We left Kansas City early Friday morning. Our team consisted of seven: Mark White- Team Leader, Bill Helbling, Dale Williamson, Duane Smith, Lori Brown, Jennifer Collier, and myself- Bryce Anderson. I sat with Lori every flight. J Shes pretty neat. We flew to Denver then to Los Angeles. We then geared up for the long flight. Sent my last few texts took my last few breaths of US air, and headed for the plane. By the grace of God I was able to check my guitar in at the gate or take it on most of the flights! The plane was quite fat. It held ten seats across with two aisles and went back some 66 rows. I sat with Lori again and was quite thankful to have a window seat.
It took around 10 hours to get to Tokyo where we had a layover then on to Singapore which was another 5 or so hours. I don’t remember. Basically I feel like I step out of time, don’t know when I should be sleeping or not and even if I did I can’t always manage to do so. Meals, movies, and conversations helped to pass the time.
We stayed in a hotel for several hours at the terminal in Singapore and finally made it to Kathmandu the next day.
Flying into Nepal was pretty awesome- as in literally, I was full of awe. We saw the Himalayas, of which I was told one was Mount Everest but couldn’t quite tell which one it was (yes I know it was the tallest). Also as we were flying down into Kathmandu, the valley was beautiful was sparse buildings along side beautiful rolling farm-patched hills and country side.
The airport was quite small. We all boarded a bus and drove about 5 seconds to the building, I think it would have been quicker to walk, but hey- I am not in charge. Haha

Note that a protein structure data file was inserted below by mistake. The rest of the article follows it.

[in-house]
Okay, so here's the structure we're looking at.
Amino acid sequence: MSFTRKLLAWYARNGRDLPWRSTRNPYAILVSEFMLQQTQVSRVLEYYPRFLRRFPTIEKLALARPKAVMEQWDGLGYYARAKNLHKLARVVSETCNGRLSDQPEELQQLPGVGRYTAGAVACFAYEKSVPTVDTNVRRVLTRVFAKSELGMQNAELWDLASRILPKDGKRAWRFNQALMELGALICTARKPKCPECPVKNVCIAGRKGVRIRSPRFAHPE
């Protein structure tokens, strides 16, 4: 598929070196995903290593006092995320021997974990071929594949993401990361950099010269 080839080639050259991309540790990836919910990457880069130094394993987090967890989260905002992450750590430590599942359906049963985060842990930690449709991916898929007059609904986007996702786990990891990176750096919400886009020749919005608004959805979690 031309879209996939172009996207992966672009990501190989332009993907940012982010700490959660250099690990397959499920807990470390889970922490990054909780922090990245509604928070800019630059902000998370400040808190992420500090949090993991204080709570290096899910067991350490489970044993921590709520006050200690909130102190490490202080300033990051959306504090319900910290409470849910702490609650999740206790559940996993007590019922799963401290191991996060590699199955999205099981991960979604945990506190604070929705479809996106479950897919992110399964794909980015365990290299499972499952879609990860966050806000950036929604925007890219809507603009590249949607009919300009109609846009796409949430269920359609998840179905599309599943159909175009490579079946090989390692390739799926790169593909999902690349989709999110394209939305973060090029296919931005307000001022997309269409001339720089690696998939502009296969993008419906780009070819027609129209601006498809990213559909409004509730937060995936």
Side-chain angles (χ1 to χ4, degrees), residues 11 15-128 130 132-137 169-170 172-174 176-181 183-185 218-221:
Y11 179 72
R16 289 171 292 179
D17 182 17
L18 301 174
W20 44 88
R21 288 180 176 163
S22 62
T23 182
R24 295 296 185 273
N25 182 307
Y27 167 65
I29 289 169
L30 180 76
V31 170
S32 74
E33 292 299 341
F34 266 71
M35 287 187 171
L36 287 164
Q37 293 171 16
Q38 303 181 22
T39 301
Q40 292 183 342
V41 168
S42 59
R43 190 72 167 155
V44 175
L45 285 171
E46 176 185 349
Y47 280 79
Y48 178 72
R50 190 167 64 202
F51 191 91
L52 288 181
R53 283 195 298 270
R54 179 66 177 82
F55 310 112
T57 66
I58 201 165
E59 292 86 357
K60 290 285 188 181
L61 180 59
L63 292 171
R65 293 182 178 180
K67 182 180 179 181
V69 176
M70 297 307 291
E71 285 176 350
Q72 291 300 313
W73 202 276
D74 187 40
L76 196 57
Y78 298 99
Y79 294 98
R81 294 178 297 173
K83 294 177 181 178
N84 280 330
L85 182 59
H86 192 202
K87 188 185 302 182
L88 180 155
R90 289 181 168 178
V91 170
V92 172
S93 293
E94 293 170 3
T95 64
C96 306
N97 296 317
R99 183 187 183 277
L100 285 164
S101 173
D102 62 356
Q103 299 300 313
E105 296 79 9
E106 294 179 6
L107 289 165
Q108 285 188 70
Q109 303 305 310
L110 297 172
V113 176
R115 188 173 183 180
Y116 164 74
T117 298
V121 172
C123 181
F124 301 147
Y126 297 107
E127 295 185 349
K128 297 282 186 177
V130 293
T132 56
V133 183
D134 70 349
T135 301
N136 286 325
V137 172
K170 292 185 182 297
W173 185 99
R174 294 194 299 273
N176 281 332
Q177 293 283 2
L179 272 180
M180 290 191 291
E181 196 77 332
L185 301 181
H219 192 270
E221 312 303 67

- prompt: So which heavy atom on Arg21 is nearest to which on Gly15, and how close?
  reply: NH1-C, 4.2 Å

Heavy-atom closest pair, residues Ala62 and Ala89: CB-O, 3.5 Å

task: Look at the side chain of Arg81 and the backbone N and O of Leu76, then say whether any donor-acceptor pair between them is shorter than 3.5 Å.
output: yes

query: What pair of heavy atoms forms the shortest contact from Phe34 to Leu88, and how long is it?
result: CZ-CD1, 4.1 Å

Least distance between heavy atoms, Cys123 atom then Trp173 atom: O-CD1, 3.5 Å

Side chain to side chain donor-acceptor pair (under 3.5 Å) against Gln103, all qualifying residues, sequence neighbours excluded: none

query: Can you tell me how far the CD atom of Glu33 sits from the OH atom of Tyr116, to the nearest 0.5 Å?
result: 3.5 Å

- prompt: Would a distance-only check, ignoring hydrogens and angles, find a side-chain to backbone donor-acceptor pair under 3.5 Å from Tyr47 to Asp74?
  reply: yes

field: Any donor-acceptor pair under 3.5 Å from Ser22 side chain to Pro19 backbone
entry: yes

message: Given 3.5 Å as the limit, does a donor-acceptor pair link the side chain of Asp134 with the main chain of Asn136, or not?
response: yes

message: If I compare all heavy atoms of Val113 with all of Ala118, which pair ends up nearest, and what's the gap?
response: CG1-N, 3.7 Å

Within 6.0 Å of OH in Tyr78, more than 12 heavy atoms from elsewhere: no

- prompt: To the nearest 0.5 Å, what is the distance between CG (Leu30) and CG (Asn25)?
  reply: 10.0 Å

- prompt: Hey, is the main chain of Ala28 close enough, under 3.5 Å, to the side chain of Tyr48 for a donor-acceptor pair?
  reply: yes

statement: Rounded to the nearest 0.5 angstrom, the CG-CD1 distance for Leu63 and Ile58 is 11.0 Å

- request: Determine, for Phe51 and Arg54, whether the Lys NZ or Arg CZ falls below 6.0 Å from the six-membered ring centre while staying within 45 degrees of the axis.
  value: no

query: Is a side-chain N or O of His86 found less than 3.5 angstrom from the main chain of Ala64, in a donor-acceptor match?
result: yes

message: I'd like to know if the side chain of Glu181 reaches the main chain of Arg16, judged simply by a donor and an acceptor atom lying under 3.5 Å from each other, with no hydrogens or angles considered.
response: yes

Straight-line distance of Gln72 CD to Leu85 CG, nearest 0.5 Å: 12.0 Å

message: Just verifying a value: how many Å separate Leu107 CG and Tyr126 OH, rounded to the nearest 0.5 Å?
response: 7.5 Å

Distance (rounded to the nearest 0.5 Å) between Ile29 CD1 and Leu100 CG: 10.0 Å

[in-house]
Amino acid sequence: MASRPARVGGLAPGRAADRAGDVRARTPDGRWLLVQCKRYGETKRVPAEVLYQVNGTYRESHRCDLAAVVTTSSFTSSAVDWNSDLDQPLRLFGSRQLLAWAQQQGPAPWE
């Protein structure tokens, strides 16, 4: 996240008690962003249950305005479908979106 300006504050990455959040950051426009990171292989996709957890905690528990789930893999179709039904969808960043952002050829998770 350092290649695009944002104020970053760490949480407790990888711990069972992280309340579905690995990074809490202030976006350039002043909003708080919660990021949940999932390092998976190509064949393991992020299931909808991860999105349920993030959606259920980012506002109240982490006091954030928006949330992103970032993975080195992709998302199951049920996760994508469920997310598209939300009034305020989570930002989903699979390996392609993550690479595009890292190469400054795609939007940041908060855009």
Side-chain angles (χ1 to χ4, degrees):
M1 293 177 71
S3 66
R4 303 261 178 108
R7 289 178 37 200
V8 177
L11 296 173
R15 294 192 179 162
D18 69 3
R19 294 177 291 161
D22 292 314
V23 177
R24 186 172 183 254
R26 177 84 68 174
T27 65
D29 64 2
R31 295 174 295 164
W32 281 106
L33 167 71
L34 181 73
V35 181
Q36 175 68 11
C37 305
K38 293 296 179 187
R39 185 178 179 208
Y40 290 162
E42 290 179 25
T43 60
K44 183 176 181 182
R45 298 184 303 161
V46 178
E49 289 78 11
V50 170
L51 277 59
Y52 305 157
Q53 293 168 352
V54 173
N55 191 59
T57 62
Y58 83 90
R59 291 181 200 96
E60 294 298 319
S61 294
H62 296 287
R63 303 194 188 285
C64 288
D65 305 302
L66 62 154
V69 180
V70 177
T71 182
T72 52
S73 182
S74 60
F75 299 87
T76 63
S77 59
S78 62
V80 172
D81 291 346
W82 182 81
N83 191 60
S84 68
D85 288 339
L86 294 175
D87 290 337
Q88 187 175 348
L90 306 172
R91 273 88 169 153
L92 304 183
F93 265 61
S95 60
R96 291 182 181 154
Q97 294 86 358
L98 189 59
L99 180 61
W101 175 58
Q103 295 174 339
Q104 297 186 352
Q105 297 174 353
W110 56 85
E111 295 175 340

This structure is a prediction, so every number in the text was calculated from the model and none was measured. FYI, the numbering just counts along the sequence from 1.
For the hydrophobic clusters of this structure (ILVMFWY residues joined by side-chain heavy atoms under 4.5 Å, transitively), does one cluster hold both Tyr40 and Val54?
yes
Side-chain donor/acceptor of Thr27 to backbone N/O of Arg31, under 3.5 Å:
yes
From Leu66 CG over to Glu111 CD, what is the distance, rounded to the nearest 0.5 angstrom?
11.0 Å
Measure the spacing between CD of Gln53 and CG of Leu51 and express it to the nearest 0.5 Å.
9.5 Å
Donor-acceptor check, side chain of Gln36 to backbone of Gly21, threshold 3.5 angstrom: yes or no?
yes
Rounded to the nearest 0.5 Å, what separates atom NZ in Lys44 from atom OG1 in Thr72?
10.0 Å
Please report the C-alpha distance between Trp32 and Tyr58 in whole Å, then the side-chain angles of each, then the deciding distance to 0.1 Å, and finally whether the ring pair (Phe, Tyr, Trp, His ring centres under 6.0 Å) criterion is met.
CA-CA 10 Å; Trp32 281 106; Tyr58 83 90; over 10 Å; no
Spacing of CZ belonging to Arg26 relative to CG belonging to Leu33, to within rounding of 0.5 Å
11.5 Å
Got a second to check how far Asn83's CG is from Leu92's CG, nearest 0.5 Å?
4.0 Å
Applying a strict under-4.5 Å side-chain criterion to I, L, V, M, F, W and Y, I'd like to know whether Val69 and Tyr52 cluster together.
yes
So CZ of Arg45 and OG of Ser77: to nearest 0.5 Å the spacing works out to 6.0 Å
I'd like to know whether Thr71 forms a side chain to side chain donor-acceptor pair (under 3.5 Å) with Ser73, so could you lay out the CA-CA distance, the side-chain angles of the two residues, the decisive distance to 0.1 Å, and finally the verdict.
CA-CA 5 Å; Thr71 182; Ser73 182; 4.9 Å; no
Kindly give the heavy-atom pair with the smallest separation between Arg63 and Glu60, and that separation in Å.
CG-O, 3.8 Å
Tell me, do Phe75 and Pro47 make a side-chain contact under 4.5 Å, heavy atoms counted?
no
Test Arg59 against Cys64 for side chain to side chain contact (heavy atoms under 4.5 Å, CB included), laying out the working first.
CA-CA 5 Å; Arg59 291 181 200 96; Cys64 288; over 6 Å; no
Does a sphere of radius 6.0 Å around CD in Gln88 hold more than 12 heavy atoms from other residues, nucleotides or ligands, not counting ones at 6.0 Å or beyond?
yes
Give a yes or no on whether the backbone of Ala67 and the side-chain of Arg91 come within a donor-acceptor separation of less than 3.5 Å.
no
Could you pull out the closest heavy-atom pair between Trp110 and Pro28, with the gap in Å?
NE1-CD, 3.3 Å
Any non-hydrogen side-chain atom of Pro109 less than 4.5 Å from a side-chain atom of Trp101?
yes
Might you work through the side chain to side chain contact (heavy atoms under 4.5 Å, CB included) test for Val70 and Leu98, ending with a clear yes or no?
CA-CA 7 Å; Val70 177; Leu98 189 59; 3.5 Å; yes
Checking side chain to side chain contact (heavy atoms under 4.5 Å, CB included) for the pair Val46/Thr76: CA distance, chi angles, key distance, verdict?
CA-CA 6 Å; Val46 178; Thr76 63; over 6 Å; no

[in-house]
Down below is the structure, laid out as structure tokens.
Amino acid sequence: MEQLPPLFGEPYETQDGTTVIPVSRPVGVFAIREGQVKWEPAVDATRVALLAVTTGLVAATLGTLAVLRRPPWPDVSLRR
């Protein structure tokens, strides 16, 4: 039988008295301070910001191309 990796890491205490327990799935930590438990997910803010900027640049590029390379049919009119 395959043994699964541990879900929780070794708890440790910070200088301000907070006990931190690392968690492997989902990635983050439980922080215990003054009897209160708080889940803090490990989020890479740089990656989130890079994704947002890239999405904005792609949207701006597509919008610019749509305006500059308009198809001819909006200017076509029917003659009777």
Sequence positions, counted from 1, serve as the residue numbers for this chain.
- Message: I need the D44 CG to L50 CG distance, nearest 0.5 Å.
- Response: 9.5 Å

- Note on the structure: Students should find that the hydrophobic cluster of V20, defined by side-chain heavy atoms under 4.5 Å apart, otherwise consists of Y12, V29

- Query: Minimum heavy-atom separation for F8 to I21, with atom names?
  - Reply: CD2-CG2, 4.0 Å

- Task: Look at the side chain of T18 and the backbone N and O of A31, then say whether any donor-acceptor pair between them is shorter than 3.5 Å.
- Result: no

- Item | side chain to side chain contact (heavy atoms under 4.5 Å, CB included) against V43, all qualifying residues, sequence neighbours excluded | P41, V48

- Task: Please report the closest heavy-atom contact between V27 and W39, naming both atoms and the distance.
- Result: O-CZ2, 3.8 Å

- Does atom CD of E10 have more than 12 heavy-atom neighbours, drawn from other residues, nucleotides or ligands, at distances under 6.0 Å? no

We met with Brother Nepal and were constantly being asked for tips for guys wanting to talk our luggage for us.
The van ride to the hotel was overwhelming. I was culturally slapped in the face.
The poverty was extreme. Trash lined the streets, along with beggars and everyone trying to sell their products in little stores. Dogs lifelessly slept or hobbled down the road. The driving was chaotically controlled with traffic pulsating inches away and drivers methodically shimmying past other motorcycles or buses. Their crazed driving was normal and was never upsetting. Americans take it personally when someone violates a rule or expectation. Nepalese take it as it comes and just keep going. My nostrils filled with the mixture of rotting trash and automotive fumes, causing all senses to be challenged.
We arrived at the hotel to meet again more men wanting tips to help move luggage. We settled in our rooms and then upon further conversation with Brother Nepal and Kishor, the two house dads at the orphanage, found out some very disappointing news.